Breaking taboos is becoming good for business in India
A wave of young startups are building businesses out of breaking centuries-old stigma surrounding sex, romance and relationships in one of the world’s most traditional cultures
Bangalore: Pankaj Chowdhry knows first hand how difficult it is for young, unmarried couples in India.
The 25-year-old automotive engineer lives with his parents in New Delhi, while his girlfriend of four years lives with hers. They long struggled to get private time together in a society where premarital sex is a no-no and their only options were seedy guest houses with exorbitant fees and invasive questions.
Not anymore. Chowdhry can now book a few hours at a respectable hotel with a smartphone app called StayUncle, which specializes in short daytime stays. It’s part of a wave of young startups that are building businesses out of breaking centuries-old stigma surrounding sex, romance and relationships in one of the world’s most traditional cultures.
“My girl doesn’t have to mummify her face with a scarf or deal with employees’ sleazy stares,” he said. “We get away from the public eye and feel safe.”
India is a place like no other when it comes to sex. Police raid hotels where canoodling couples try to snatch private moments. Gay partners can face criminal prosecution, while second marriages are actively discouraged in many places. Premarital sex isn’t technically a crime, but it is legally dubious enough it took a Supreme Court decision a few years ago to clarify that couples couldn’t be sent to jail for conjugal relations outside of marriage.
Technology is beginning to change practices, if not morals themselves. A startup app called Delta brings together gay singles, while Inclov handles match-making between the physically handicapped. Secondshaadi helps liaisons between the divorced and widowed, long shunned as inauspicious partners. New Delhi-based StayUncle’s tagline? “Couples need a room, not a judgment.”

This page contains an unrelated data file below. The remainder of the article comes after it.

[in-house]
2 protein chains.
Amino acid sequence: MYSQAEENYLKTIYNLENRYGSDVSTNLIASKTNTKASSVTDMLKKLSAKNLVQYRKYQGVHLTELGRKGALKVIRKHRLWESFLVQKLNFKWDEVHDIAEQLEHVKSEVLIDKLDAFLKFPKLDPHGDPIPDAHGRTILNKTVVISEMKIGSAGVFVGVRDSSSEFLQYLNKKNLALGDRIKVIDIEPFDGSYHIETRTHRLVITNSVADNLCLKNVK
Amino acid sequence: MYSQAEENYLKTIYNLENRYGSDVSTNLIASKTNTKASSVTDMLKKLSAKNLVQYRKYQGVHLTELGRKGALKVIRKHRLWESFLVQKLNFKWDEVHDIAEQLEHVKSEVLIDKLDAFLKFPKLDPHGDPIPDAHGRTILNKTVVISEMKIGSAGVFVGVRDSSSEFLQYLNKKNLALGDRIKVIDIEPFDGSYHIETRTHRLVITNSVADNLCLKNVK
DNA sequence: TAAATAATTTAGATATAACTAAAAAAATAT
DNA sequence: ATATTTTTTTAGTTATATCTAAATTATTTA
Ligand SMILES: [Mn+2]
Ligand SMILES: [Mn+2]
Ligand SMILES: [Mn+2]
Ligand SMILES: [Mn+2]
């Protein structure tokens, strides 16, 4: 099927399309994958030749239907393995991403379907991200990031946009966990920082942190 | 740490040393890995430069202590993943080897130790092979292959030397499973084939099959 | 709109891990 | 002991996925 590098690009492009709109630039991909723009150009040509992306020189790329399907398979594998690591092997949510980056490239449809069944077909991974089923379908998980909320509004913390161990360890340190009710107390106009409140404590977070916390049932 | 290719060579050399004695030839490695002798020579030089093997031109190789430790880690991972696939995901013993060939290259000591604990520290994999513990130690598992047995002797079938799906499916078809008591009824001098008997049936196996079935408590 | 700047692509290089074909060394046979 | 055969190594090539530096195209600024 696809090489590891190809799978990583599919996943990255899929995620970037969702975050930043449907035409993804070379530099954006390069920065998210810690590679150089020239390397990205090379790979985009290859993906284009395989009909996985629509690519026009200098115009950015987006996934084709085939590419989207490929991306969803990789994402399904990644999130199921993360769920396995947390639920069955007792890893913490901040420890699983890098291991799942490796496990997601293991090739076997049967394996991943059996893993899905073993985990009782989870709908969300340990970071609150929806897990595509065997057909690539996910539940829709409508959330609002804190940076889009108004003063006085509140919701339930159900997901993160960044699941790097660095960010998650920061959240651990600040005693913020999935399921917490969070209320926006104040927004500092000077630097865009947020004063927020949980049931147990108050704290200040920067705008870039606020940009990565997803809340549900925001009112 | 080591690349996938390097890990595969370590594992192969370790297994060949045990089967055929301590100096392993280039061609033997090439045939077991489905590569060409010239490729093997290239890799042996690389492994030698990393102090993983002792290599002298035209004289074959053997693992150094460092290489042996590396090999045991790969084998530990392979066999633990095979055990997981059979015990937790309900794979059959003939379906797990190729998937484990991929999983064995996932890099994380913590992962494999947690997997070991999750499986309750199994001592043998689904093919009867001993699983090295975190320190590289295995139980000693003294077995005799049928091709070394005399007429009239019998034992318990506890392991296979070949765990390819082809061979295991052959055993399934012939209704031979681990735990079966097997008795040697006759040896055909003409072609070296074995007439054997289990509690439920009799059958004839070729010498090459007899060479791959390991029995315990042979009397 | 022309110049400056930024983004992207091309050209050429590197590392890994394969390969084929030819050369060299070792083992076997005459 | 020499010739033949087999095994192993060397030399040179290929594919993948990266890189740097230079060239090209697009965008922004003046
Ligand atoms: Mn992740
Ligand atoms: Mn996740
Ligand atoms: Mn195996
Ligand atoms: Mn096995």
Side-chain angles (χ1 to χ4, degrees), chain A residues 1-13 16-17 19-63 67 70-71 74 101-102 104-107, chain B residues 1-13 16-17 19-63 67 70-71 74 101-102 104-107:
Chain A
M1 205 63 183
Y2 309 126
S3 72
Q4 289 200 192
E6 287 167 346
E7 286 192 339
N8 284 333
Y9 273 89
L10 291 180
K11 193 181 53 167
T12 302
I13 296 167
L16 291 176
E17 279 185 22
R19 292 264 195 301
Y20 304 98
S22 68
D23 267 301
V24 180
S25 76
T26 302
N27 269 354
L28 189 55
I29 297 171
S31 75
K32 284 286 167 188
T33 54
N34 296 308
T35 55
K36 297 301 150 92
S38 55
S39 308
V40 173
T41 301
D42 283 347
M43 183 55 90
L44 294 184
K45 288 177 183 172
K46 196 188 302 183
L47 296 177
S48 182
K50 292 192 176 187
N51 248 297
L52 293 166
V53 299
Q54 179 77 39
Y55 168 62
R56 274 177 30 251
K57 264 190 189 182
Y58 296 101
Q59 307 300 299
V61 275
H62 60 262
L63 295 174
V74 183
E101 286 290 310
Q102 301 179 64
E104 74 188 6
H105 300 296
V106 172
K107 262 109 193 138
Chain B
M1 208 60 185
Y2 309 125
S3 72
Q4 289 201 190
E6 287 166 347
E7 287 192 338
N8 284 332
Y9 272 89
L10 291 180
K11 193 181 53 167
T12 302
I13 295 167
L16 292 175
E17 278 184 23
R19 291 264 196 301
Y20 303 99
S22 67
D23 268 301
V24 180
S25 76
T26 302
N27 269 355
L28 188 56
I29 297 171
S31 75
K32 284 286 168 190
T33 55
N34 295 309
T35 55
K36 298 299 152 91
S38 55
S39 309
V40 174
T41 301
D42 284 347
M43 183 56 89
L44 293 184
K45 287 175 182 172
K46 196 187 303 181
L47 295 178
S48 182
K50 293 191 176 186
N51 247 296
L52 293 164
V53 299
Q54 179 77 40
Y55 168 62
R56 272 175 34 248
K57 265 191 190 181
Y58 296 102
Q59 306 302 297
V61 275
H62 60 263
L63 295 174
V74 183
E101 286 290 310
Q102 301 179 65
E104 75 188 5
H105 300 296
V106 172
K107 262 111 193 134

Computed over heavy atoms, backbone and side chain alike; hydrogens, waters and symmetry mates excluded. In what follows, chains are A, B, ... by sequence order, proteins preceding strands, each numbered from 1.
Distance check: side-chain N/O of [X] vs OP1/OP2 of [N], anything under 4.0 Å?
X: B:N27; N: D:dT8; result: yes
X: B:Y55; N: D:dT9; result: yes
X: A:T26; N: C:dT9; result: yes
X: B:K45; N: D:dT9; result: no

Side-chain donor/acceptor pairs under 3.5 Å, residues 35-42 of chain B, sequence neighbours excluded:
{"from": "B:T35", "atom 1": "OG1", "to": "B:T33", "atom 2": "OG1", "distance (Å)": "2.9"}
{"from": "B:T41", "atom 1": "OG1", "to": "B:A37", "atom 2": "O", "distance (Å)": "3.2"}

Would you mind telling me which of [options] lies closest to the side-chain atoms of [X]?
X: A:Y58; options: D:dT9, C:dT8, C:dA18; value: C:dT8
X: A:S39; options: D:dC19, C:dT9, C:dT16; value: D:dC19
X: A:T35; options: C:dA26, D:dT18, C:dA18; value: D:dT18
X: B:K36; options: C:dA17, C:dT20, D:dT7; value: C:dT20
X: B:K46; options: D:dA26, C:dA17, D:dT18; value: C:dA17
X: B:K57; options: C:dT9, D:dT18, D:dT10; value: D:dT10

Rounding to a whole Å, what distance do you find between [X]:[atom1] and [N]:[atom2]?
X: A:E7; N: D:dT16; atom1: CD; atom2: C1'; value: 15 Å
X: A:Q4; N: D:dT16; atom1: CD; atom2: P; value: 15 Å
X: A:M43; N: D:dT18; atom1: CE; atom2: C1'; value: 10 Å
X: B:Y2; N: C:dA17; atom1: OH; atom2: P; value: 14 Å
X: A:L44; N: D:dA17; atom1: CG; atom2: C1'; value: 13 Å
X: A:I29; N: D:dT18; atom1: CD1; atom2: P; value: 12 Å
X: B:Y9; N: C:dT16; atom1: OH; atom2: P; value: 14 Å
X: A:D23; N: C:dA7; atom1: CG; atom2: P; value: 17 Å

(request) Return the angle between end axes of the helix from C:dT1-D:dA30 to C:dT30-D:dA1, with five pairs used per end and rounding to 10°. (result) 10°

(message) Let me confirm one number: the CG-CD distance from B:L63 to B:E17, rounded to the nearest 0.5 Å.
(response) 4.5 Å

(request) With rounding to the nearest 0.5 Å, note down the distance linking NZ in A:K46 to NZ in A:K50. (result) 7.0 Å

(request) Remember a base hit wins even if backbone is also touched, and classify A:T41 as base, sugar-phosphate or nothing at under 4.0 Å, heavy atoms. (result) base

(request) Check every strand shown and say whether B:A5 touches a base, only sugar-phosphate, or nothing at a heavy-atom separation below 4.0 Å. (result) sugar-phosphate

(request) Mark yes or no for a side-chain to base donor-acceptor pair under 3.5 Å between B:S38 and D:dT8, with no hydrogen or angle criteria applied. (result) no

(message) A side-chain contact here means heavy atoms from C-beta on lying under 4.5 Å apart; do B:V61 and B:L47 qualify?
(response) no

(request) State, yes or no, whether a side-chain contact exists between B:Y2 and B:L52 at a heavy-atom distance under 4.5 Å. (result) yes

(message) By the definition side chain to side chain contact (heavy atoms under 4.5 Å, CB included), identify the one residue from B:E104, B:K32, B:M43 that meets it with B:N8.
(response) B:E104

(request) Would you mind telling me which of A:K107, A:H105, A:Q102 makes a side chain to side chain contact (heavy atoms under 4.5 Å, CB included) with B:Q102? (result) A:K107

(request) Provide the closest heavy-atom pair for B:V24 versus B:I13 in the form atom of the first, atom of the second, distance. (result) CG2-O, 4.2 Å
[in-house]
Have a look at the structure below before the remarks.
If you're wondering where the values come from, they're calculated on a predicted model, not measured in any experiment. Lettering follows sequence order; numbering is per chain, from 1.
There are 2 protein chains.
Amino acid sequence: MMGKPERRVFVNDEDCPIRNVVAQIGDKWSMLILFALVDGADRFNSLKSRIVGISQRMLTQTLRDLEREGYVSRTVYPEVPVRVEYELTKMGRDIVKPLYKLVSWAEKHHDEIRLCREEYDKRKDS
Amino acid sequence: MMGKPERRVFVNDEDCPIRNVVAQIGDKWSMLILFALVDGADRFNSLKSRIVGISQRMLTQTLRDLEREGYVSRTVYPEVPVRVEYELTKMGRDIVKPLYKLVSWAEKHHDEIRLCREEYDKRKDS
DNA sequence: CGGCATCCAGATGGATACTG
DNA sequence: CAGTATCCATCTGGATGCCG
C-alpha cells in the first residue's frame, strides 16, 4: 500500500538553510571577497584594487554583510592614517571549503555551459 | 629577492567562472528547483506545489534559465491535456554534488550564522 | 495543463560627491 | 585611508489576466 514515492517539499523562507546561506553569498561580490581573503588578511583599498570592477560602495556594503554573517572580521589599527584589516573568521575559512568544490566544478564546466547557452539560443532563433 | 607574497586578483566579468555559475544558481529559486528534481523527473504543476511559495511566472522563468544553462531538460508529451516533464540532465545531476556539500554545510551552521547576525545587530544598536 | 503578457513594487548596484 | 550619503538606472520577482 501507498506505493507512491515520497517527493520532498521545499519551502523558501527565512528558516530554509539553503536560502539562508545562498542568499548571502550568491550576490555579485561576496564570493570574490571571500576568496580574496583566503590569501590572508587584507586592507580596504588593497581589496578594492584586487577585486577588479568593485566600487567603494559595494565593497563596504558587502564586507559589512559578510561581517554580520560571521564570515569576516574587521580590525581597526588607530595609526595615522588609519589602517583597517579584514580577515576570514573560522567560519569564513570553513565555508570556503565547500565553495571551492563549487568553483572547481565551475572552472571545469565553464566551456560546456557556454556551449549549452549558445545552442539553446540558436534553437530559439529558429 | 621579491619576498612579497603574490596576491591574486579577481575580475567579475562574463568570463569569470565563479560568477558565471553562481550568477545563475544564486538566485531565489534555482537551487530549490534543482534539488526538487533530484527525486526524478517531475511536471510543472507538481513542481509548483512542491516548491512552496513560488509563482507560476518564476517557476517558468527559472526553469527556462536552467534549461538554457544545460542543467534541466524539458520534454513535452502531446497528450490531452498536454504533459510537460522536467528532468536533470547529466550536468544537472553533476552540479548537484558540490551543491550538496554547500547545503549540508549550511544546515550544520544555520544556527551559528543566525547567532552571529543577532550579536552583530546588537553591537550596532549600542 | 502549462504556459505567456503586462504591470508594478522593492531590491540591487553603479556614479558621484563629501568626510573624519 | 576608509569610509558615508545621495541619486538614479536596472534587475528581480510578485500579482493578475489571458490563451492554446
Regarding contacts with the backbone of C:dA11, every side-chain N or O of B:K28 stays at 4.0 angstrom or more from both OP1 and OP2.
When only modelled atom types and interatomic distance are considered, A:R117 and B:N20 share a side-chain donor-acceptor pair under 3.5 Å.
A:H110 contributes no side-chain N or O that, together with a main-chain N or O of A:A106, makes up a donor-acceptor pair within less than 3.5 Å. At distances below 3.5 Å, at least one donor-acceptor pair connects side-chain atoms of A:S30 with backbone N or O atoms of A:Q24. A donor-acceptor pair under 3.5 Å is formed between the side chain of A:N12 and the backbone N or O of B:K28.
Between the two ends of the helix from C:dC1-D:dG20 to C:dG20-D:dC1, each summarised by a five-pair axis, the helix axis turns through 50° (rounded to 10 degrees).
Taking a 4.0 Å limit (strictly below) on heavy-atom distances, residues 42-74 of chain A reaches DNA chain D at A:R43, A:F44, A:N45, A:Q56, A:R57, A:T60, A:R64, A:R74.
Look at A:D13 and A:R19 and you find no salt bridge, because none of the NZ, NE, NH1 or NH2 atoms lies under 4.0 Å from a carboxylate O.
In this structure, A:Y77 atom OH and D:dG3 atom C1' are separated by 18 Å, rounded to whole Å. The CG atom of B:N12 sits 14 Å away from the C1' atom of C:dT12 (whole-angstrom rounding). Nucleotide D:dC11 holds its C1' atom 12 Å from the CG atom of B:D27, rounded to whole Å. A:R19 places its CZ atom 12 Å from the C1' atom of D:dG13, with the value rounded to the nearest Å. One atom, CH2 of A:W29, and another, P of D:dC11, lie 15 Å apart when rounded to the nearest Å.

The startups see growth ahead. The Internet and Mobile Association of India estimates the country will have 478 million mobile web users by this summer, with millions of younger locals looking to connect through mobile devices.
“Smartphones are helping reach users however dispersed they may be, making it viable for niche businesses to breach social barriers,” said Anupam Mittal, a Mumbai-based angel investor who founded online matrimonial service Shaadi.com.
New Delhi-based Delta, like many of the startups, is part business, part passion project. Founder Ishaan Sethi was bullied as a boy in India, came out while studying at Brown University and then worked in New York before returning home. The LGBT dating app aims to help users find matches, counselors and gay-friendly spaces, even in smaller cities where blackmail and extortion have been widespread.
“We counsel them about coming out, help find partners, jobs and therapists,” said Sethi.
Shankar Srinivasan co-founded Inclov in 2016 because he thinks it’s unfair that the country’s disabled don’t have better opportunities for finding romance and love. The startup has 30,000 registered users and arranges meet-ups at yoga studios, beaches or night clubs. It’s already made 8,000 matches.
“We are giving disabled people an equal shot at relationships,” Srinivasan said. “It’s a fully-inclusive place where even those without disabilities are welcome.”
Sanchit Sethi grew up in obscure, conservative Jaunpur in central India before founding StayUncle. Sethi, who is not related to Delta’s founder, initially targeted business travelers, but swiveled in 2016 when he saw soaring inquiries from young couples desperate for privacy.
The transition wasn’t easy. When Sethi and Macedonian co-founder Blaze Arizanov began touting the proposition, hotel owners gave them innumerable moral lectures that began “Arre beta”—or hey son. “They called us evil, said sex before marriage is a sin, and accused us of supporting prostitution,” said Sethi, 29.
The founders got personal threats on their Facebook page. One mother cursed them for exposing her young daughter to such culture. Getting the first 20 hotels was arduous but after that, owners began signing on. The service now lists 900 hotels in 35 cities, including socially conservative places like Patna and Bhopal.
Even Sethi’s parents steadfastly refuse to discuss his startup with their son. But business is booming.
“After 18 months, we are more profitable than established, better-funded travel and hospitality startups,” he said.
Sethi and others benefit from millennials who are chipping away at social conventions. Sakshi, a 19 year-old Delhi student, is a frequent StayUncle user with her partner, also a student. She and her friends talk openly to each other about the service—a recent student-managed event at her college even gave away StayUncle stay coupons as prizes—but they don’t share with their parents.
“My parents will never approve of a boyfriend, let alone sharing a hotel room with him,” said Sakshi, who didn’t want her last name revealed. “We’re a different India.” Bloomberg
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